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By: AURELIA, Contributor




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The magic of Greece is in its very ambiguity, in the tensions that pull it from one wonderful, delicious extreme to the other. The senses are pleased and pampered by the serene beauty of Greece found in the depth of its vistas, the spectacular sunrises and sunsets, and the radiance of the light that even the poets cannot adequately describe. The senses are titillated and tempted, also, by Greece’s extremes of food and drink, flesh, nightlife, music, and the burning sun.    These tensions intrigue and mystify the visitor—the barbarian who comes to the shores of Greece—but they are perfectly understandable to the Greeks who live everyday with the conflicting realities of life in the land of the gods.


Perhaps this tension is best exemplified in the islands that form an ancient triangle in the very heart of the Cyclades.  They are cosmopolitan Mykonos, Sacred Delos, and mysterious Rhinia.  Taken together, these sisters with their distinctive and contradictory personalities give the visitor a tantalizing taste of Greece known only to the Greeks.


Within this triangle, one can sun bathe nude or topless on some of the most beautiful beaches in Greece, literally dance until dawn at discos, take a magical, chartered cruise through the islands, go back in time with the ancients on an island declared “sacred” by the Greek government, or spend an enchanted day alone on an uninhabited island where gentle waves caress a pristine shore,  luscious watermelons hang from vines, and where the pure air is so still you can hear yourself breath.


The sometimes naughty sister, Mykonos, is famous world-wide for its chalk-white beauty and its vibrant nightlife.  Celebrities and dignitaries from all over the world make this island a destination to shop, sun bathe, party, and island hop, and cruise ships from all over the world come here.   It is not unusual when walking through the white-washed streets of the town center, called Hora, to see a world famous model or movie star gazing into a jewelry store while munching on a cheese pie, looking very much like Audrey Hepburn in “Breakfast at Tiffanys.”  The glorious golden and jewel-studded rings, earrings, bracelets, and necklaces displayed in the windows of the artisans of Mykonos bedazzle even the most sophisticated celebrity.


Many artists consider Mykonos town itself a work of art.  Its white homes resemble sugar cubes and all the winding alleyways and joints between the paving stones are painted chalk white.  The fishing harbor is small with brightly colored caiques bobbing about in a sea so blue it looks like a postcard.  If artists had been asked to design this town, they would have added domes and crosses from churches to the silhouette of cube-like homes, and then added windmills for a picturesque contrast. But it was ordinary people who allowed Mykonos to grow in a natural way and it was these Mykonians who did, in fact, add the domes and crosses and windmills over the years.  Some say these “ordinary people” were the island’s first artists.


Mykonos is sometimes called “Little Venice” or “The Capri of Greece.”  It is considered by many to be the most cosmopolitan and sophisticated of the Greek islands and offers the very best in accommodations, food, and ambiance to the visitor.  Perhaps nowhere else in Greece can one find gold jewelry as fine as that produced by the artisans of Mykonos. This is due in part to the fact that in the 12th to 15th centuries Venice ruled the island and the Venetian influence is seen today in the distinctive jewelry.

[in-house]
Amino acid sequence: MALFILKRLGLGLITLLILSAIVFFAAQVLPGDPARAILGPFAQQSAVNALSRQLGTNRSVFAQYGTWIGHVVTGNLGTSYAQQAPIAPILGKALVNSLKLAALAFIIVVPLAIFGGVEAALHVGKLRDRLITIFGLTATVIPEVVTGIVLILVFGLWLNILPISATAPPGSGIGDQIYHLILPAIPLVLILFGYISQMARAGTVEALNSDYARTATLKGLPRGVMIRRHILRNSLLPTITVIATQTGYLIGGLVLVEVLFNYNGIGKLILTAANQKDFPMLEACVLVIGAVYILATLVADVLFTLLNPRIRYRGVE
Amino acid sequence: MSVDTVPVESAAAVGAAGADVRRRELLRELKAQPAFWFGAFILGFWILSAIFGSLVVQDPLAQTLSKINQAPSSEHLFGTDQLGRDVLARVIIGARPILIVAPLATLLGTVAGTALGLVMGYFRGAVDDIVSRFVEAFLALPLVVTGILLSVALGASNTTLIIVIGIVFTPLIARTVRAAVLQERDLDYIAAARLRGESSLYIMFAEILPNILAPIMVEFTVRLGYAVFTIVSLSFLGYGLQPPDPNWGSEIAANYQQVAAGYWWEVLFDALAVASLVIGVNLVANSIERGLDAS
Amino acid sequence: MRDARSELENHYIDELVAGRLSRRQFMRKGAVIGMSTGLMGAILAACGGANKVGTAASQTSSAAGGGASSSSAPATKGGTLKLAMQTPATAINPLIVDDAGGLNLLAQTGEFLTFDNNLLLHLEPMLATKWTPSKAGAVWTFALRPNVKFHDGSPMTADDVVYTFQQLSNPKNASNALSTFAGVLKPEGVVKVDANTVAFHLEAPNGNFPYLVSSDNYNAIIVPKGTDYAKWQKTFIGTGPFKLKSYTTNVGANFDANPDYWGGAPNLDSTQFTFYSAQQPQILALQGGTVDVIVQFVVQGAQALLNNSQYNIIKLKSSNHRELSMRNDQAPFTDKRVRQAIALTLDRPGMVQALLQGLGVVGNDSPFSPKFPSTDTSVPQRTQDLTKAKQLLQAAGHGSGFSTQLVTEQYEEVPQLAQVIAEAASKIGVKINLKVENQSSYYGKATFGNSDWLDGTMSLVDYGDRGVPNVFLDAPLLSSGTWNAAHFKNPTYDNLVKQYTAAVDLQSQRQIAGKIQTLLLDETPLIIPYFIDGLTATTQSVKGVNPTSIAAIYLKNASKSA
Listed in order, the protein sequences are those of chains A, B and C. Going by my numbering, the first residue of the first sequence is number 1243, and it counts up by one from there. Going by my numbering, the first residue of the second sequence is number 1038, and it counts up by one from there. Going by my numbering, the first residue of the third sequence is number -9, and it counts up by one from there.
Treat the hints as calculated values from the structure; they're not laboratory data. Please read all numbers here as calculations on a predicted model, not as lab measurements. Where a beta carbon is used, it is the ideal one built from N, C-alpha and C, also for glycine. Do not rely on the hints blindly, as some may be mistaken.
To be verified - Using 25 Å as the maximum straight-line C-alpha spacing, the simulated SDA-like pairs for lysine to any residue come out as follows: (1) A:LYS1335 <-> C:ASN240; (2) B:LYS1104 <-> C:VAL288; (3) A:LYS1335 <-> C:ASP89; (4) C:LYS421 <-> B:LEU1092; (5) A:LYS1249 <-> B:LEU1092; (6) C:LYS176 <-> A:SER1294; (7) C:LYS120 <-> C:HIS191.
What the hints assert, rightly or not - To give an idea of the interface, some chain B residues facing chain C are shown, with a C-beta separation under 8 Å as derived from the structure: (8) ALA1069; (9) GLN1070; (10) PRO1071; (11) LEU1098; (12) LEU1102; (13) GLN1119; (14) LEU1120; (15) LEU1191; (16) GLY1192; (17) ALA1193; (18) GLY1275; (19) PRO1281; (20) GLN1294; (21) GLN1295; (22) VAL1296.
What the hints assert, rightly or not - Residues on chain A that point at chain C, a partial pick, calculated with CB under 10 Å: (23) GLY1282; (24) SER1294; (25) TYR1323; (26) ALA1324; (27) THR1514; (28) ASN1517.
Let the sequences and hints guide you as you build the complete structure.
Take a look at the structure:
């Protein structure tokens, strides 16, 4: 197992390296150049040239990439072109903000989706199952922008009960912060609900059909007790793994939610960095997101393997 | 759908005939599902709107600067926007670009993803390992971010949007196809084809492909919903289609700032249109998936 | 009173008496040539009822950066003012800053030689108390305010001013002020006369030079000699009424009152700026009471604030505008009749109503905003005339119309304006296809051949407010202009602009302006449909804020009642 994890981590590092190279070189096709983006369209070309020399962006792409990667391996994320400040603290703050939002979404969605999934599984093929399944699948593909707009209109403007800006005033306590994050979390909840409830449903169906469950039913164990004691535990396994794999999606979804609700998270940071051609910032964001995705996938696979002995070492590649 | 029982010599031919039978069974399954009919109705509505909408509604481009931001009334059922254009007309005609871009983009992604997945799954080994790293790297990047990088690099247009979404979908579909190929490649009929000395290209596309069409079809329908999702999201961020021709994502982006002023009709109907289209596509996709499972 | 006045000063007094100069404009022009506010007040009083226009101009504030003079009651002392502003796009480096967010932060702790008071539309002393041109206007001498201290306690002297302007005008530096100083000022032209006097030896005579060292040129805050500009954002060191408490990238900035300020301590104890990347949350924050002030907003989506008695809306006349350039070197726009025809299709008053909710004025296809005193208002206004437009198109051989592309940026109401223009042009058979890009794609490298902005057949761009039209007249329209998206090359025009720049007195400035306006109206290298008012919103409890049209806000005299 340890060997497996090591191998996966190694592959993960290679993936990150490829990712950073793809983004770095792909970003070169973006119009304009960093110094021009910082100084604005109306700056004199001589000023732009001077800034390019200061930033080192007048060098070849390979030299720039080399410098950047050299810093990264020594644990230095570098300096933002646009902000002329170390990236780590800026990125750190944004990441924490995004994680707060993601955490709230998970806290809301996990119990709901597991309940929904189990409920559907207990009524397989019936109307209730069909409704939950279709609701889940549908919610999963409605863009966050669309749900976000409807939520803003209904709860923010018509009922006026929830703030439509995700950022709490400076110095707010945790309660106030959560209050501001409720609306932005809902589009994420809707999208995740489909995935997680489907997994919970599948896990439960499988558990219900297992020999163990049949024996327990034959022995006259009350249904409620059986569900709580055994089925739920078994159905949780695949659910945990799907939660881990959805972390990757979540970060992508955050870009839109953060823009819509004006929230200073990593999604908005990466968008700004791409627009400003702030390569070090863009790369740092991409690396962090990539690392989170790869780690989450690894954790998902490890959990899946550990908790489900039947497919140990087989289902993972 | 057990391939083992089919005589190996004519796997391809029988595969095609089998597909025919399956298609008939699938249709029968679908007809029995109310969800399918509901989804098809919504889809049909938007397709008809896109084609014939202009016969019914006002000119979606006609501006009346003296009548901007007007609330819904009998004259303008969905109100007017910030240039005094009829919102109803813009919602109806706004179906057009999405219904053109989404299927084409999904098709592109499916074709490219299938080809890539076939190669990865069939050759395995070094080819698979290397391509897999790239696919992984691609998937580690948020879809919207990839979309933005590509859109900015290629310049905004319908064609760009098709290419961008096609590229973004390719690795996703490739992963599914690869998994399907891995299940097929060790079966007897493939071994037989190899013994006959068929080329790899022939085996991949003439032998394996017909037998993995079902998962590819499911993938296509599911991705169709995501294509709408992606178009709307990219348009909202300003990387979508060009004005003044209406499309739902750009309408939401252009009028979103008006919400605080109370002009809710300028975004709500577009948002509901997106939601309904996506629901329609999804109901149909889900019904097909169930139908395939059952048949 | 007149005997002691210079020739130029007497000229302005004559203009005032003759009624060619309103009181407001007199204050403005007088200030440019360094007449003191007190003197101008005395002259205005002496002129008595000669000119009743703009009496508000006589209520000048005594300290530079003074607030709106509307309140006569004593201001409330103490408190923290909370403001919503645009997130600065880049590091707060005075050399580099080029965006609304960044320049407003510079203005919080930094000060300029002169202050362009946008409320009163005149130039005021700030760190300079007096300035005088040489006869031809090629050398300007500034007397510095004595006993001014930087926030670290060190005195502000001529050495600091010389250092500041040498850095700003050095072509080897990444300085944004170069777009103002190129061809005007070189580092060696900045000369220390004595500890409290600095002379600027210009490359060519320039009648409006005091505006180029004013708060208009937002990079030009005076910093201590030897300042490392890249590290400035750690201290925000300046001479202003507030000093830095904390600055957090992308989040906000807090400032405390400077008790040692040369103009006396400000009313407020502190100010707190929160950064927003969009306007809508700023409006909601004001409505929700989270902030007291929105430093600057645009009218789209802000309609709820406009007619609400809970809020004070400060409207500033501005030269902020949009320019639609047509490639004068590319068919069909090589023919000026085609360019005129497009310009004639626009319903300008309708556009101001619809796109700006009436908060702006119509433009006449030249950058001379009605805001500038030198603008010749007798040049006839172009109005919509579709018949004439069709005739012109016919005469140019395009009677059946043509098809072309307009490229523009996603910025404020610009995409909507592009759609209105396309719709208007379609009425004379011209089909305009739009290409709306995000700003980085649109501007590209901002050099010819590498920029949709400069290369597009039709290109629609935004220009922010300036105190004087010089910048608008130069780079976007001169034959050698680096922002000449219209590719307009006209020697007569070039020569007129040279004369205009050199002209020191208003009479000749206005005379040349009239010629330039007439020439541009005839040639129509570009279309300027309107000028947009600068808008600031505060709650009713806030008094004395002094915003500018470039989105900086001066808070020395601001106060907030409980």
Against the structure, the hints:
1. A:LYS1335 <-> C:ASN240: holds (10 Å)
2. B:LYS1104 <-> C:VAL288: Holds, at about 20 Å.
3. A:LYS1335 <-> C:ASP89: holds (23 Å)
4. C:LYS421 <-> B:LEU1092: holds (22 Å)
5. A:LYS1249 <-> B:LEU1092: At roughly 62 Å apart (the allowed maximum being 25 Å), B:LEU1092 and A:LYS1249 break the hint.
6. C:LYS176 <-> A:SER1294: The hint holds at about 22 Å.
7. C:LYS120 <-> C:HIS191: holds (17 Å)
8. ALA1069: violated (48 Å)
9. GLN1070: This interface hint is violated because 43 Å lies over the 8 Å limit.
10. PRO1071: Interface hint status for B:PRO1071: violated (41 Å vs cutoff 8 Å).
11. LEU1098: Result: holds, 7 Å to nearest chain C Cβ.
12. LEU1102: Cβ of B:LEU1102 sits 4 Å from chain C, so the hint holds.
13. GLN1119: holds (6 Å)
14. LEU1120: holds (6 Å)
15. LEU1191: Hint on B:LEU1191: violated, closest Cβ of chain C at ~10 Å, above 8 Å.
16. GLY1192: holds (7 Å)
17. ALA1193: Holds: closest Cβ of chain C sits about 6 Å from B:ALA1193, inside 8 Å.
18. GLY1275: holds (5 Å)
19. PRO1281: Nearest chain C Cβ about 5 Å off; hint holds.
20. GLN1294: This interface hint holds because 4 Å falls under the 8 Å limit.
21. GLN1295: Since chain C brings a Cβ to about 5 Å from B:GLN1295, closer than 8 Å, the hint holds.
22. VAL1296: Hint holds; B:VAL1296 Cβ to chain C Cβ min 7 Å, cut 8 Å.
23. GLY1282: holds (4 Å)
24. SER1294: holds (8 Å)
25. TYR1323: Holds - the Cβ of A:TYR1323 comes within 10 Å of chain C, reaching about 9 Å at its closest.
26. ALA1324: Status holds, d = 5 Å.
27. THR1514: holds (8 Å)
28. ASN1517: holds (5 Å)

Mykonos is pleasing to the senses.  Its brightness will dazzle you and its pleasures enchant you.  Mykonos, the temptress, will seduce you with her charms.


If Mykonos represents secular pleasures sought by the jet set, Delos is its opposite and is the most sacred of the Greek islands.  At the very geographical center of the Cyclades, Delos is its spiritual center as well and was the religious, cultural, and commercial focal point of ancient Greece.  It was the jewel of the ancient world, a thriving commercial hub, and the “summer home” of the rich and famous of the time. One can see Delos’ past glory in the magnificent ruins and in the exquisite, world-famous mosaic floors of the ruined palaces.  


According to mythology, the god Apollo was born on Delos and is known as the god of the sun.  Delos is drenched in sunlight and there are no high mountains or trees to provide shade.  There is one palm tree, however, and it is said that this is where Apollo was born as his mother, Leto, leaned against the tree to give birth.  Zeus, Apollo’s father, commanded the sea to create a wall of foam so that his wife, the jealous Hera, could not witness the birth.


In its day, there was no island in Greece as glorious as Delos; it was the true cultural, religious, and commercial center of Greece.  Today, we would call ancient Delos the ultimate “destination point.”  The island had an eclectic mix of mansions, temples, markets, stadiums, and shops, and one never knew who would suddenly turn up to visit or inquire about establishing a summer residence.  Rumor has it that Cleopatra wanted to build a summer home there, but the residents voted against this.


The third sister is Rhinia, a haunting, mysterious island four times the size of Delos and separated from it by a small strait.   Called alternatively  “Great Delos” and “Big Delos,” Rhinia is really two sections connected by a narrow isthmus. It is four times the size of Delos.   Both parts of Rhinia are uninhabited and by Greek law, no one is allowed to live on this island or build a permanent home there; there is no running water or electricity and there are no roads on its rocky, hilly terrain.    (There are rumors, however, of a few hearty souls who make the island their home) Very few tourists know about the island or have an interest in going there on a day’s excursion, so, if you plan it correctly, it is possible to be the only person on one of its four pristine, sandy beaches.